outfit: & peonies

My boyfriend accidentally bought me these two imported peonies at $15 a pop (he thought they were $7! lol).  Over 3 days, they bloomed from dense brilliant pinks buds to these big fluffy white flowers.  They are so beautiful!  Can’t take my eyes off of them.

Here’s the outfit I wore today on my day off.  I feel at peace in it.  These second-hand Levi’s 501ct has stretched out a bit, so I’m going to wash and dry them in hopes they shrink.  The colors are nicely balanced here and the whole outfit feels in harmony with who I am and what I’m doing.

Dr. It Girl Birks and Peonies

I read Goodbye, Things (a book about new Japanese minimalism) for a second time.  Sasaki’s writing feels refreshingly ordinary.  I highly recommend.  It got me thinking a lot about how things come to define us; how we often accumulate junk because we seek to convey our worth through our things.  Once, a friend entered my apartment and looked around; he asked in horror: “Where are your books?”.  I told him: we don’t have any.  He looked at me unable to hide his disdain.  And by this point in my life, I was comfortable with myself enough to not be affected.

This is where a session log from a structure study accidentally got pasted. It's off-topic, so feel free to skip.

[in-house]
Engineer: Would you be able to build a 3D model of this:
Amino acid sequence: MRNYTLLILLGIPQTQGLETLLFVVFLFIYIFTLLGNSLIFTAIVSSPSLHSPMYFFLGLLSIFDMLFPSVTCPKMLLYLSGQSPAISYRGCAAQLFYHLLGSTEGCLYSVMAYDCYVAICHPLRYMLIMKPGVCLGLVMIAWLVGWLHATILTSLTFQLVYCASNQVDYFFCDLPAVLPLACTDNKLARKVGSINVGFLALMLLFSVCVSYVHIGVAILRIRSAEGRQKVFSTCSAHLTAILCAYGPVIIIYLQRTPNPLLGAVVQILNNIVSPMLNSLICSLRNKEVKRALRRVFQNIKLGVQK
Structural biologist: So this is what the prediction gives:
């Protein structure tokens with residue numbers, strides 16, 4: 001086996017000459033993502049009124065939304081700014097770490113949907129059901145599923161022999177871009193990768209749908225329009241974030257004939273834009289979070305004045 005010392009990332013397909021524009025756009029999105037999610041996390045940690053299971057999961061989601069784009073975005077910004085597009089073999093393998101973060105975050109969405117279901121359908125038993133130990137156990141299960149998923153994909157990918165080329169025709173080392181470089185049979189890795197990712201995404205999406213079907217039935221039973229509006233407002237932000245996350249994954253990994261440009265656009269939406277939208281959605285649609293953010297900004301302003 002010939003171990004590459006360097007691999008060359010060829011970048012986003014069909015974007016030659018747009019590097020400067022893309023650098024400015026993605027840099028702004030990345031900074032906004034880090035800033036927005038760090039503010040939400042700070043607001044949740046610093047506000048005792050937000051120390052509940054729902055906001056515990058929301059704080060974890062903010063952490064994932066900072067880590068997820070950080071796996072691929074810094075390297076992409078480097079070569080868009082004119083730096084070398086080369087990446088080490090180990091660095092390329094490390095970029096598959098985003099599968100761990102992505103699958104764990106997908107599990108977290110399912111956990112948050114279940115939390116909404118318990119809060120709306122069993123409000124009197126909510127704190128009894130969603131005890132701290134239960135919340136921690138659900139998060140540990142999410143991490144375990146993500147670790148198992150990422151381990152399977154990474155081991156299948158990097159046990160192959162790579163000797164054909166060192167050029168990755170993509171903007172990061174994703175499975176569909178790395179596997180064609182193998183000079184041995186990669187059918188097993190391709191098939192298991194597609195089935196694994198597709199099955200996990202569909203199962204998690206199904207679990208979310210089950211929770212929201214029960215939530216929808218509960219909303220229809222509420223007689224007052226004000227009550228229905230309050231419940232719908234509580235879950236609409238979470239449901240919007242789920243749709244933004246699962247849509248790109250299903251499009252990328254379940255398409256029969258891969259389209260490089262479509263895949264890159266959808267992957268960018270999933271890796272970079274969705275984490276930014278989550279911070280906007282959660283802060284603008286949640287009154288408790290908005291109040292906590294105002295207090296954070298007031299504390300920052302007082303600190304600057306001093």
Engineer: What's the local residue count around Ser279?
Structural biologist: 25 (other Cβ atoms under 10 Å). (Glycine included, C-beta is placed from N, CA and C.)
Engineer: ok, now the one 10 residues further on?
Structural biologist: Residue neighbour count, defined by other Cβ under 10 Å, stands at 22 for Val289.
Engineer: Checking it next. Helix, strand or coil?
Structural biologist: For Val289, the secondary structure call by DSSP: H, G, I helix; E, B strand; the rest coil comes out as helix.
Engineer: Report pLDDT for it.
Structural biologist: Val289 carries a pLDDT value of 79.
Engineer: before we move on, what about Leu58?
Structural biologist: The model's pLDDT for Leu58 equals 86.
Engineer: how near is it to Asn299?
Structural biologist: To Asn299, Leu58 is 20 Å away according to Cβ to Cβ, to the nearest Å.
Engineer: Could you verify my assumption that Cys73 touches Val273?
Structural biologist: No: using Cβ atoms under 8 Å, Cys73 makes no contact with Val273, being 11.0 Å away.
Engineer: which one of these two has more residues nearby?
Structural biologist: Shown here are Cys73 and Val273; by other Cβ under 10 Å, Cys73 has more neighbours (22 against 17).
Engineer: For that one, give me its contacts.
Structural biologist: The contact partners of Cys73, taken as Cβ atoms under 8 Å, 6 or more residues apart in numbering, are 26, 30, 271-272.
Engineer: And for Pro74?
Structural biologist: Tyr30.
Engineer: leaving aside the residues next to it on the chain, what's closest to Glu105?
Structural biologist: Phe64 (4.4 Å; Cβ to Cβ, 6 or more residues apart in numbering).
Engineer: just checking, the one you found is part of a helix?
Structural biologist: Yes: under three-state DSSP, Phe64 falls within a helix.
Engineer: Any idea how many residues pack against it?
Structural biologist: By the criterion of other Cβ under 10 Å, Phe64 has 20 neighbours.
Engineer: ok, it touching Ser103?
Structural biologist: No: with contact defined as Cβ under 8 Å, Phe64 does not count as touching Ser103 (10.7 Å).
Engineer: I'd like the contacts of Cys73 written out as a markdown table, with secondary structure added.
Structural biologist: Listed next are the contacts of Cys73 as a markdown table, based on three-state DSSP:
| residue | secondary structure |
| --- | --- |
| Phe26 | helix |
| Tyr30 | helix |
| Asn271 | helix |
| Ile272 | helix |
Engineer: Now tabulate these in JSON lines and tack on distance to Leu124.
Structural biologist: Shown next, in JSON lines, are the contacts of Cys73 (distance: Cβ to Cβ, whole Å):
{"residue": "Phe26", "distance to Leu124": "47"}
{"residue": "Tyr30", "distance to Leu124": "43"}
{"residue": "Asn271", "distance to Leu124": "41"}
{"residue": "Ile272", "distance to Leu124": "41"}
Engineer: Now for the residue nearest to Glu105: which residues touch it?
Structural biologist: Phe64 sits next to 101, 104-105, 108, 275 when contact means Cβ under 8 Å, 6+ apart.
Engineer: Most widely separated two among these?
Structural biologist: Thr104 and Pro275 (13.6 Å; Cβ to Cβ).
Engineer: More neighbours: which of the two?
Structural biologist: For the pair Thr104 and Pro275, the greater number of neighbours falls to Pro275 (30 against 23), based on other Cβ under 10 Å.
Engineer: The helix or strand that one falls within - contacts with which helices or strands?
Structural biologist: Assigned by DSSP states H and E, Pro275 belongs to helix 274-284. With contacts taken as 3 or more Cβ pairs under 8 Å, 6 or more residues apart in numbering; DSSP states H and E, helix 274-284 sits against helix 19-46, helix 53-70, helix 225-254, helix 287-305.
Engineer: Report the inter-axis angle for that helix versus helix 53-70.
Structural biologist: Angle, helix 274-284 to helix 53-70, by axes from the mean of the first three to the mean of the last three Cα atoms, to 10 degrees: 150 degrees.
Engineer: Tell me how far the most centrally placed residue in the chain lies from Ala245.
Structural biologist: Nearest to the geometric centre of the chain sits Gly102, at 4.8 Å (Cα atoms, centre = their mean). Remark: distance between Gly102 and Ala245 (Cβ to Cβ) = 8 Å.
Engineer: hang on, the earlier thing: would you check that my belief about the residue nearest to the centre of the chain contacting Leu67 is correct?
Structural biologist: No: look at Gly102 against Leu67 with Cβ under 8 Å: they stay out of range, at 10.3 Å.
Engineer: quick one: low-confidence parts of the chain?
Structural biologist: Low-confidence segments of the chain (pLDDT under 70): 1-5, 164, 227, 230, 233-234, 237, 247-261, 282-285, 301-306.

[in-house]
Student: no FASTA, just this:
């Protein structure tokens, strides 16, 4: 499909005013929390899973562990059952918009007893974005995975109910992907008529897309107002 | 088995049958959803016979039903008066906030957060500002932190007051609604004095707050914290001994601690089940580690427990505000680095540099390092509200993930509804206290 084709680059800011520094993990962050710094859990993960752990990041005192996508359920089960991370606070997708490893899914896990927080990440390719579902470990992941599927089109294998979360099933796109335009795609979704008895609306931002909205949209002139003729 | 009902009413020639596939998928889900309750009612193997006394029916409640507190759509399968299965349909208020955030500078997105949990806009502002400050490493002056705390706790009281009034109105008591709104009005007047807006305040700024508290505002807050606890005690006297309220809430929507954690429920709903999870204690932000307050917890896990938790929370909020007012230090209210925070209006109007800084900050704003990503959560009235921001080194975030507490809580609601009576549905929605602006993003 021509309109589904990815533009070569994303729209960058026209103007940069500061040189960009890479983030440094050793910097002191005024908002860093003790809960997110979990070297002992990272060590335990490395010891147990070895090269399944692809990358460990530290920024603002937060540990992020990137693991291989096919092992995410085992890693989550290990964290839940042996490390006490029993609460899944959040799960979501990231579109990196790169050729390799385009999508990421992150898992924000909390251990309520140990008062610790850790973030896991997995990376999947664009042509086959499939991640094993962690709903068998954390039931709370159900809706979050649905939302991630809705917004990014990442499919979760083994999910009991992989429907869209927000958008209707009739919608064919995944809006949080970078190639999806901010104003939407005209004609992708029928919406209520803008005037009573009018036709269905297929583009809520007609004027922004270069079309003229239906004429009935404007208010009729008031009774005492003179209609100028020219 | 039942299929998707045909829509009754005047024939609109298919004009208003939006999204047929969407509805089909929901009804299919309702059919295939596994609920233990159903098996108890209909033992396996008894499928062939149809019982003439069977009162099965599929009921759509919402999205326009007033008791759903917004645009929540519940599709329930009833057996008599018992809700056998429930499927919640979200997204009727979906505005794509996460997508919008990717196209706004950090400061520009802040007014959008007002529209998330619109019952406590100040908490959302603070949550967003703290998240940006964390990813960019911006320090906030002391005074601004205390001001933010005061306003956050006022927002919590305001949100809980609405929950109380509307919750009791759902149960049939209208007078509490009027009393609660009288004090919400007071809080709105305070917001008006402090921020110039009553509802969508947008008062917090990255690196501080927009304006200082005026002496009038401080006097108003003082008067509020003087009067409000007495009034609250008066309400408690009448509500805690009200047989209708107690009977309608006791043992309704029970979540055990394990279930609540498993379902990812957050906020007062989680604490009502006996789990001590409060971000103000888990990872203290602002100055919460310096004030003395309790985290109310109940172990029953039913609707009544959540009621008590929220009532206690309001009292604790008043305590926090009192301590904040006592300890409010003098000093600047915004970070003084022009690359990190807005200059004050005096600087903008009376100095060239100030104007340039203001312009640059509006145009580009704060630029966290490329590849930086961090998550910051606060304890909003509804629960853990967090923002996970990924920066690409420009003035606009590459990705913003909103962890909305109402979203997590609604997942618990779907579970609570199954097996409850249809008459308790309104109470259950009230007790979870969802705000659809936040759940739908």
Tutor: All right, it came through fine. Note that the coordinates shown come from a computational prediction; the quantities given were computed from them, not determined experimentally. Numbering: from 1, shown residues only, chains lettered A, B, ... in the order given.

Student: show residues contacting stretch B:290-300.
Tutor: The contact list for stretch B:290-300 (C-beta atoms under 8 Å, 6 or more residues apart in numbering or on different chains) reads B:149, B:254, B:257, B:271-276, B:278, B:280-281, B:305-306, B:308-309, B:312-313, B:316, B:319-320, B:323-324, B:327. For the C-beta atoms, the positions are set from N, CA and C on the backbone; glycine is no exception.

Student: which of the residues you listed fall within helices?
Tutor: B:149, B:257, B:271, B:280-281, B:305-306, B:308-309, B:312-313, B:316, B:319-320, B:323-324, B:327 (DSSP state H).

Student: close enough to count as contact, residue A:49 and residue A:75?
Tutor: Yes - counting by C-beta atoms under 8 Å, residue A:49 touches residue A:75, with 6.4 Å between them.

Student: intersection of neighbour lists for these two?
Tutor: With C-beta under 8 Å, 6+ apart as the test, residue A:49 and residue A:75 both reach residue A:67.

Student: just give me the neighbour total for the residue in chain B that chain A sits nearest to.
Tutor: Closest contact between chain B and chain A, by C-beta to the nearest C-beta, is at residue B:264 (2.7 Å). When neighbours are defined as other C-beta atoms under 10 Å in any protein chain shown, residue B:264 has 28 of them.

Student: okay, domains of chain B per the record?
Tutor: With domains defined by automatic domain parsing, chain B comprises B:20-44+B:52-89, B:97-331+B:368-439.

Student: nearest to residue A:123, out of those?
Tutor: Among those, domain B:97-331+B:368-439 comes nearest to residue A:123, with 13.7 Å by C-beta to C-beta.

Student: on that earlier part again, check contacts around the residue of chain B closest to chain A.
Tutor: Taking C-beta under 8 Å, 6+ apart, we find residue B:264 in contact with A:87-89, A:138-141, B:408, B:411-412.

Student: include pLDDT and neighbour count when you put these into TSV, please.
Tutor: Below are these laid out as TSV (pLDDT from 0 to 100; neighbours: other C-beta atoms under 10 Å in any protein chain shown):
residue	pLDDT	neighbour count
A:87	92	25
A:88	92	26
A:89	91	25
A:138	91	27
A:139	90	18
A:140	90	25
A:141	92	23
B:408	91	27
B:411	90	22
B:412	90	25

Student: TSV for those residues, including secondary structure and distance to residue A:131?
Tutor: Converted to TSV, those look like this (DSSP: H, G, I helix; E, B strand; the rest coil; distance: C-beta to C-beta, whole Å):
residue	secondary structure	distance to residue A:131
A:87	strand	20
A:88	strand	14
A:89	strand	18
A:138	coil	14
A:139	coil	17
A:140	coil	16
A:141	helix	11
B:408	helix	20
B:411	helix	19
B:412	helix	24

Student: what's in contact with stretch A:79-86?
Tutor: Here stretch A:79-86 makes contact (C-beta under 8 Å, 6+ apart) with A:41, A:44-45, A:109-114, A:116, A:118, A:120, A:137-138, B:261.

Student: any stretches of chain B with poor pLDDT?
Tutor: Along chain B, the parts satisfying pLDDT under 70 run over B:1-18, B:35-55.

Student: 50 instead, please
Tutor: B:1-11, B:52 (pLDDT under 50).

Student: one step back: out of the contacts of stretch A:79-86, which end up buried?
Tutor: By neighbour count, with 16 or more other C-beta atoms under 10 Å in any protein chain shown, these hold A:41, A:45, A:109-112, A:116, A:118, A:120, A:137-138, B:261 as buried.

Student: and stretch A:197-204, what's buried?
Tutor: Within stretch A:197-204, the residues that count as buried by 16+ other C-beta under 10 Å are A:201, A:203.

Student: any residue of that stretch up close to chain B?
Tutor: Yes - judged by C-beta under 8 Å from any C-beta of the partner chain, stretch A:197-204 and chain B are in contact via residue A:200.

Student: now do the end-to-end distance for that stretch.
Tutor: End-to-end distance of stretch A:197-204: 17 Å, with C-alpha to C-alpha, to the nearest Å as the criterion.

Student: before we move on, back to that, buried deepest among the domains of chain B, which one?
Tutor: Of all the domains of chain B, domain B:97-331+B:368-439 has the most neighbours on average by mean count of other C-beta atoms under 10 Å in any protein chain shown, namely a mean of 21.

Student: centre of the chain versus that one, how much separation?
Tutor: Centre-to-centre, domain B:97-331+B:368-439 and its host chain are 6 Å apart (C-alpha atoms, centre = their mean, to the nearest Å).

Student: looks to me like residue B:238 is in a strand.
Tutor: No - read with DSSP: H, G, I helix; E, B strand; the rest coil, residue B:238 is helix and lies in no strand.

This friend assumed I had read a lot and might have been searching for these imaginary books hoping to relate with topics I’ve read.  Or maybe he wanted to appraise my social value through my books.  He wanted to get a quick sense of my sophistication and taste.  When I  first switched to e-Books, a part of me screamed out nooo! I was afraid I wouldn’t get credit for the things that I read.  I wanted people to be able to see and think I was smart and cool;  it was a challenge to let that mentality go.  There’s a lot of freedom once you do let that go though!  If someone wants to know what books I’ve read or anything else for that matter, they ought to have conversations with me to find out.